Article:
# The math according to AirBnB

I have set up my rates in USD and received an instant booking for 12 nights.

AirBnB emailed me the followings:

New booking confirmed!
\$55 x 12 nights = \$658
Cleaning Fees \$65
Guest Pays \$723
Airbnb Fees -\$22
You earn \$701

However, in my book \$55*12 = \$660

How so? I know that AirBnB deals with local currency and exchange rate, but this was a punctual calculation.

I then had to change this reservation to 11 nights through AirBnB app, but the total shown was over \$1000, so I manually entered the new amount - the old total minus \$50 (I was convinced he paid that rate and not \$55/night!), so \$723- \$50 = \$673. He accepted this change.

Today I was doing the math again and I realized my mistake, so I wanted refund the guest his \$5.

However I am confused by AirBnB calculation and I donāt want to bother my guests with explanations for \$3, AirBnB fees, exchange rates, etc. He is a new AirBnB user, and I am a new AirBnB host. Please help me understand AirBnB calculations!

First: very good move to change to USD.

Airbnb charges an undocumented 3% exchange rate to any guest who pays in another currency that the payout currency of the host. This simple move means that you āsaveā 3% to your guests who would pay in USDā¦ and obviously put that in your pocket instead. That exchange fee is only visible on the guest side, and is included in the base rate (average nightly rate x nights) and there is always a funny rounding by about \$2 (actually more like \$2.6-2.7).

Where is the guest from?

He is from the USA but I donāt know if he paid with a US payment method.

I simply have my AirBnB GUI in English and it shows the amount in USD. I am not sure how I set it up (I canāt remember). However, I get paid on a US based account.

Heās here to remote work, so I donāt want to disturb him for such a small difference.
I have left him a bottle of wine for the reservation change on Sunday, and some local pastries yesterday when I came with a carpenter to take some measurements. Hence, Iād really avoid to disturb him again over 5 USD.

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Iām afraid to say this 'āmiscalculationā is unavoidable as you canāt choose the currency youāre paid out in. Itās basically another way for Airbnb to skim a bit more cream from the top and is because of supposed currency fluctuations.

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With AirBnB only using dollar numbers and no cents, somethings can look off. For example, say you sold two nights, but one night was listed at 99 and the other at 100. AirBnB would say two nights sold 100 x 2 = 199.

Could this be the case with your booking? was every night listed at 55, or were nights at different values and the average rounds to 55?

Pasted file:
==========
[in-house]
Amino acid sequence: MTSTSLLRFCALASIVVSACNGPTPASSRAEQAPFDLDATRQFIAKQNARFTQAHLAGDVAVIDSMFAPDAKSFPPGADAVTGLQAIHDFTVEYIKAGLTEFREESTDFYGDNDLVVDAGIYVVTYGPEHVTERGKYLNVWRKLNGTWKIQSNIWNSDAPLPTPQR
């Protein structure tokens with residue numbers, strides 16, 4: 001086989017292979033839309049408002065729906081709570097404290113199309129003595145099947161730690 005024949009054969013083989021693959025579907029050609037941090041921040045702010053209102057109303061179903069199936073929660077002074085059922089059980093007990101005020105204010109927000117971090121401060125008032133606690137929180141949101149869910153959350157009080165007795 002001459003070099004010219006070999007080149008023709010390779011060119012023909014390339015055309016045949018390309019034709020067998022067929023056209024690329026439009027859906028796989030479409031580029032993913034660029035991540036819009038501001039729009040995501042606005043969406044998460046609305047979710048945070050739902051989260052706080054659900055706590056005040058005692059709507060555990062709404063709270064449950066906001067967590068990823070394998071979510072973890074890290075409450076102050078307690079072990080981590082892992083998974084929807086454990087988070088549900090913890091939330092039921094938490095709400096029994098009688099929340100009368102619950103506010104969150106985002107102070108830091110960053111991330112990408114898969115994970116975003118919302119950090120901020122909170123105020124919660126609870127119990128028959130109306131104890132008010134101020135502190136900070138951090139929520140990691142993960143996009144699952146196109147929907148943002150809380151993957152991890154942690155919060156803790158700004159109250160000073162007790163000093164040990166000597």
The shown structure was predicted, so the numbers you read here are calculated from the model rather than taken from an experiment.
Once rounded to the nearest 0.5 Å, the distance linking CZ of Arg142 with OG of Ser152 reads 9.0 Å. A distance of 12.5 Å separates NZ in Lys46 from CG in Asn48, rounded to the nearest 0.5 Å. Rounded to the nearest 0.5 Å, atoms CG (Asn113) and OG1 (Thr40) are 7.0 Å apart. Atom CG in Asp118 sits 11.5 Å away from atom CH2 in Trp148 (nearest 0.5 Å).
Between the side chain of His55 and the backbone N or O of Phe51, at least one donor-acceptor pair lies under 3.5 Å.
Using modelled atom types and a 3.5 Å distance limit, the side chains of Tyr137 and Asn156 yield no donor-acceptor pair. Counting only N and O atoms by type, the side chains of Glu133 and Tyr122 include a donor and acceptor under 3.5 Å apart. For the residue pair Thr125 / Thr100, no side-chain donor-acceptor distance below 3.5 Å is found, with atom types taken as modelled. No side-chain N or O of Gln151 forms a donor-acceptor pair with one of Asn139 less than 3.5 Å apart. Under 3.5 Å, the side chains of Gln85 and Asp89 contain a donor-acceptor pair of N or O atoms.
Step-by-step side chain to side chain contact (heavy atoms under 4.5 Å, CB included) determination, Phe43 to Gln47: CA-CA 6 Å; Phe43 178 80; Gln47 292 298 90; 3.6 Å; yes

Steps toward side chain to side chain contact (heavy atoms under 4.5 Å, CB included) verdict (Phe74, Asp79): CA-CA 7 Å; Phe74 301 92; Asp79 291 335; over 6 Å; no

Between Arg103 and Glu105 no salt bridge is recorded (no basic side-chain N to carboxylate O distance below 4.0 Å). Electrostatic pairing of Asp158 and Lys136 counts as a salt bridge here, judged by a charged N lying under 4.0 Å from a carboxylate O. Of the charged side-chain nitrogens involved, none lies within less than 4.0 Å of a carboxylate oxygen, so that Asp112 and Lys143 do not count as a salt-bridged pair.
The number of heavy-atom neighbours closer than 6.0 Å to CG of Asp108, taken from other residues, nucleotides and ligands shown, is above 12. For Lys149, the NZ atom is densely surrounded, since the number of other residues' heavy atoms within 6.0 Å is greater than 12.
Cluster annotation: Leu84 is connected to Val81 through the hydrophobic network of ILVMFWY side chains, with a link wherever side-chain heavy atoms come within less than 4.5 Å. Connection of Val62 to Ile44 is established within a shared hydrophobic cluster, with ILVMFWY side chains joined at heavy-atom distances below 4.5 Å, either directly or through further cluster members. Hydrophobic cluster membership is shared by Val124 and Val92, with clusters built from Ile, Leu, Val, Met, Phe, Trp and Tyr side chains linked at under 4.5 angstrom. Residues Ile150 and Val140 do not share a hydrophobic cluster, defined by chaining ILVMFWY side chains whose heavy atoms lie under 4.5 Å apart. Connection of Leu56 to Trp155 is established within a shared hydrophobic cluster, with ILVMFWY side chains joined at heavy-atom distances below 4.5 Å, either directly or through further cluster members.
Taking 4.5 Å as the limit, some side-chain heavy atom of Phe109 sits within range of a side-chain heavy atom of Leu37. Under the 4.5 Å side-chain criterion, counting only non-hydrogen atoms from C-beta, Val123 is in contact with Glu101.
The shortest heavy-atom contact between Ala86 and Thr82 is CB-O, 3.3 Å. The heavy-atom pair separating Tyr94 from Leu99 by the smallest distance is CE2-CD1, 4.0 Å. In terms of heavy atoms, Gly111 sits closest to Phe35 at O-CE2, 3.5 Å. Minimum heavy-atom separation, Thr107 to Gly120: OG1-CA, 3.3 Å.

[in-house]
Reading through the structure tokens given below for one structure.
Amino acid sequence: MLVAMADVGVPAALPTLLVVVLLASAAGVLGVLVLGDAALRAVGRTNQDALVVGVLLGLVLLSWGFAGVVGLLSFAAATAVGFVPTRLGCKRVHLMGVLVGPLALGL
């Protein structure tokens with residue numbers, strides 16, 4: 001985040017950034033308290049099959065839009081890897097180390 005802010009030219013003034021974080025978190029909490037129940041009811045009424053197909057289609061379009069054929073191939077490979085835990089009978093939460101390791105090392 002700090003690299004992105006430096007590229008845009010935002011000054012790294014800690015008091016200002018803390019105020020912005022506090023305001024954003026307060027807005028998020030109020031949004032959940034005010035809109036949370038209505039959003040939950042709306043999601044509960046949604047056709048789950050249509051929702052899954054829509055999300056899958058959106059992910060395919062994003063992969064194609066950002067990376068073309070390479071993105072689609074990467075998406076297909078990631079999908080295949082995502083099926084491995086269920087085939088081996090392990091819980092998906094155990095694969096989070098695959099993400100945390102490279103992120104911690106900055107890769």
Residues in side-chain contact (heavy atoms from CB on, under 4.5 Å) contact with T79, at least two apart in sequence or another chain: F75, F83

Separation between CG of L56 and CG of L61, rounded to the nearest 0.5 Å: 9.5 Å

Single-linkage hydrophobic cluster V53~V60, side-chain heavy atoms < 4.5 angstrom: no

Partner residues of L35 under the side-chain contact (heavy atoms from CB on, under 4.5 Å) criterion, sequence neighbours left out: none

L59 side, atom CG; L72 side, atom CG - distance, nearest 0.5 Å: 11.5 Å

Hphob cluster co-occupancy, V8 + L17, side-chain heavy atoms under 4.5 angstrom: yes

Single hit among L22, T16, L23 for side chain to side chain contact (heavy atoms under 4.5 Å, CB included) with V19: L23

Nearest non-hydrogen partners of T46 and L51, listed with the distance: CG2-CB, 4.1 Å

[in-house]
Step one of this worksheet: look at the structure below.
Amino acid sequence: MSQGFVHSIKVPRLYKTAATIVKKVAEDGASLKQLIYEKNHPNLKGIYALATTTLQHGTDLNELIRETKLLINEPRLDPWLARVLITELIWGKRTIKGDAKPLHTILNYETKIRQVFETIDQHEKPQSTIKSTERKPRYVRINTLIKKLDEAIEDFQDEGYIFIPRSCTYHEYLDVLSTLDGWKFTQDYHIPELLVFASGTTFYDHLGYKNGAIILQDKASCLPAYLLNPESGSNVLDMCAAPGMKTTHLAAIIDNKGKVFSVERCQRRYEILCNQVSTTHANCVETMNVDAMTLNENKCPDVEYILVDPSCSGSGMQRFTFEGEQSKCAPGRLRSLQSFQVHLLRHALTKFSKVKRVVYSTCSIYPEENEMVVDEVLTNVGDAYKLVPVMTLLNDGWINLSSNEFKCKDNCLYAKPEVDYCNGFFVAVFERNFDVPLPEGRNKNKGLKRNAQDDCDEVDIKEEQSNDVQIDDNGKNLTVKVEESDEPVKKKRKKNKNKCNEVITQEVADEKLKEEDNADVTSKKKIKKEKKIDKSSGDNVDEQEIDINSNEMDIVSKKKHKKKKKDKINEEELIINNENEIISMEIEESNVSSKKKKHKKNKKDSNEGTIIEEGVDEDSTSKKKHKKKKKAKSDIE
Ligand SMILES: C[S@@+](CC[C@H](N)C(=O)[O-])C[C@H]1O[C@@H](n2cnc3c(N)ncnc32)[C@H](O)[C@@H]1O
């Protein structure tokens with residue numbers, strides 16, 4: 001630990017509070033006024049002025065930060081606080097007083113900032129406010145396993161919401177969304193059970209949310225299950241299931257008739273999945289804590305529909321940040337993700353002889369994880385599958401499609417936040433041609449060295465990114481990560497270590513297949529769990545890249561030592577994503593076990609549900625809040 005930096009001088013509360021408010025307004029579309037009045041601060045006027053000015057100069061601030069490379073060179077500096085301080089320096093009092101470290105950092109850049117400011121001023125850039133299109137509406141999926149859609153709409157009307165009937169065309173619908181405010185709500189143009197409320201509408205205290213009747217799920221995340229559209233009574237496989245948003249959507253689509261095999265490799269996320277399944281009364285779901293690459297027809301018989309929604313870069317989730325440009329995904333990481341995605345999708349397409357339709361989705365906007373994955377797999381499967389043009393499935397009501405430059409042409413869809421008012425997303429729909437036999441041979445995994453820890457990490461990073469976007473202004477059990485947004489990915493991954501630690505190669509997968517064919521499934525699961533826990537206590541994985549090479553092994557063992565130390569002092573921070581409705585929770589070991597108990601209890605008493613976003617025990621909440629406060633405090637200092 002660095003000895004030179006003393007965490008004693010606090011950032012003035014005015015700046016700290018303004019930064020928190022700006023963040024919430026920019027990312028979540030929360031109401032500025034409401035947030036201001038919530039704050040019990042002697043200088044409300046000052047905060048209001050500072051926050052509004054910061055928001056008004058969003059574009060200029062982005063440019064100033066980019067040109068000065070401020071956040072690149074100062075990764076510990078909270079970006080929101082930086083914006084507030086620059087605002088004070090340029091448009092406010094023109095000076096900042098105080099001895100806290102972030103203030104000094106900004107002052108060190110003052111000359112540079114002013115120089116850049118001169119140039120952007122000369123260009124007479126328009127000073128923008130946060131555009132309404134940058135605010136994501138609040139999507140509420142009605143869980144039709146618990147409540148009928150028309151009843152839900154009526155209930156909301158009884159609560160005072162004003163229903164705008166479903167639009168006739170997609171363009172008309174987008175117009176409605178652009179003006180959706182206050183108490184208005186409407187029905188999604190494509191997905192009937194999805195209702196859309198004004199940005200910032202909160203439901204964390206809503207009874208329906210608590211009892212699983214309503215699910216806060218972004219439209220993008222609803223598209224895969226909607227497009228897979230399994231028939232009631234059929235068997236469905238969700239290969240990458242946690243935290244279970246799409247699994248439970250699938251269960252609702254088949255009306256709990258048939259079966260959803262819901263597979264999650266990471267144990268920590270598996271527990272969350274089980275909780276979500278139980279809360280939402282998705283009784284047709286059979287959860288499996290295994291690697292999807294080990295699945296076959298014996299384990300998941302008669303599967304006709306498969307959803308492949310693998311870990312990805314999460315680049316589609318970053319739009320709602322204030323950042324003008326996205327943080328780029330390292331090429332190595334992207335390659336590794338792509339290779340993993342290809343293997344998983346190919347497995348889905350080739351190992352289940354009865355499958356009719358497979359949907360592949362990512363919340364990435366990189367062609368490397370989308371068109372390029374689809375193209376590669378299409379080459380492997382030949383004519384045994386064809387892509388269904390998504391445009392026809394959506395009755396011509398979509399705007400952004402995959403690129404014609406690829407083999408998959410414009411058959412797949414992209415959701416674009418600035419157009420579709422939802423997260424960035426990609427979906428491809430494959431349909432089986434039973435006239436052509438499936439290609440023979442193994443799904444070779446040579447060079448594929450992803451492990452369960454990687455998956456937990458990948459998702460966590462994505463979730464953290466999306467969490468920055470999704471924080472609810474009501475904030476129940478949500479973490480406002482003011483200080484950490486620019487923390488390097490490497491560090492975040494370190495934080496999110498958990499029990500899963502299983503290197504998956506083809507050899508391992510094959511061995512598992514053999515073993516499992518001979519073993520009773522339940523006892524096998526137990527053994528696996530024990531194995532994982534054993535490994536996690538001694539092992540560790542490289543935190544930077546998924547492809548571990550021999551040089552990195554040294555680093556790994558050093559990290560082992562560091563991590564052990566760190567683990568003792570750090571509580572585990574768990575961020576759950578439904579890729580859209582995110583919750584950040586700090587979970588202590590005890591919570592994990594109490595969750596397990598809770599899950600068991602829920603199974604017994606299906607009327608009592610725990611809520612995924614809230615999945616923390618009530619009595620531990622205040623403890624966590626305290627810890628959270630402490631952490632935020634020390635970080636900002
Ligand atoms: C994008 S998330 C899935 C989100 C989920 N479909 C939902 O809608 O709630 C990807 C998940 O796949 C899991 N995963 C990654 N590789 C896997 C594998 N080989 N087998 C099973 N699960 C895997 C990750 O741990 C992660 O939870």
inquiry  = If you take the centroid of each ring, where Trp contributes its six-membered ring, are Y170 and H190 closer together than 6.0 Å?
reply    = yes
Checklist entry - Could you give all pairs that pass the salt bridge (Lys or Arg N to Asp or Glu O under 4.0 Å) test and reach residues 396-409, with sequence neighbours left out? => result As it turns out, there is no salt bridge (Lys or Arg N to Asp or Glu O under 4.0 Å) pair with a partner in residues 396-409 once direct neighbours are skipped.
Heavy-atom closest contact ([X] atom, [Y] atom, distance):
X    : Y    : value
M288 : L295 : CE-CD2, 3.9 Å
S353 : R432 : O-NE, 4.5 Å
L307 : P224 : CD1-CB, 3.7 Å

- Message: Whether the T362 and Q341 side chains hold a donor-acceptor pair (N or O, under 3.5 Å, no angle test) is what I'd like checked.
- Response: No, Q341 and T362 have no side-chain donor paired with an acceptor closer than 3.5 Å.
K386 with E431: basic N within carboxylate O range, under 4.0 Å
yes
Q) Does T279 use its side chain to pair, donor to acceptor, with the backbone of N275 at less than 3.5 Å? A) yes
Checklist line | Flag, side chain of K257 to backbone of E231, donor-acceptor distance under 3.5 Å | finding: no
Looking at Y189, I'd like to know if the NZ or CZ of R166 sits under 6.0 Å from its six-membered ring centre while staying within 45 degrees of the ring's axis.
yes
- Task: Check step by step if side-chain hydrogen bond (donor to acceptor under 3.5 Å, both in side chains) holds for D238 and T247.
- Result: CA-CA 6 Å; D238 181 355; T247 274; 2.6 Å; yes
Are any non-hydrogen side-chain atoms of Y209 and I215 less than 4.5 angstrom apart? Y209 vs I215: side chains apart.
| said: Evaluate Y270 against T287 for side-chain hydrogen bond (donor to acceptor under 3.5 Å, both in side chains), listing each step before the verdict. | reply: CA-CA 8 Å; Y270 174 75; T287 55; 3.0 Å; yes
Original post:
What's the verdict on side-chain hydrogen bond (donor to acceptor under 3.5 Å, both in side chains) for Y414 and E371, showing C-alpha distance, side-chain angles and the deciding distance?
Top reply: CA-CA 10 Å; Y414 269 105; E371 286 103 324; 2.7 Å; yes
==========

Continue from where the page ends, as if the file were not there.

Just a thought.

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I was thinking the same thing as @dcross9999. Itās rare that every night of the week is the same rate. The average is \$55, but could actually be like \$54.75 or something but they only show full dollars.

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I donāt remember exactly, as I have been fiddling with smart pricing, Beyond Pricing and manual rates a lot (I was kind of desperate to fill up those 11 nights in-between guests). Maybe @dcross9999ās theory is correct.

Sow hat should have I been refunding to the guest if I am not sure how much did the refunded night cost? Maybe it was for 52 USD or for 56 USD.

Ahhh flattery gets me every time!

Ok, @PennyM, I read through your refunding thing a few times and Iām not quite sure what you were after, but maybe this will help:

That āguest pays \$723ā is not actually what the guest will be paying. When you receive a booking confirmation, that āguest paysā number does not count the taxes and fees that are added to the guestās final price. So the reason you may have seen a number over \$1000 is that you are now actually seeing what the guest truly pays when you try and make a reservation alteration (which means you might be in a really high tax area).

Now if you were to refund only \$55, you would be shorting your guest. What you would really want to do is refund \$55 plus taxes and fees. But really, all you would have to do is alter the days in the reservation and airbnb will make the correct adjustment for the value of the day being deducted. Going through the refund process is a bit different than a reservation alteration and less simple in my mind.

Hope this helps!

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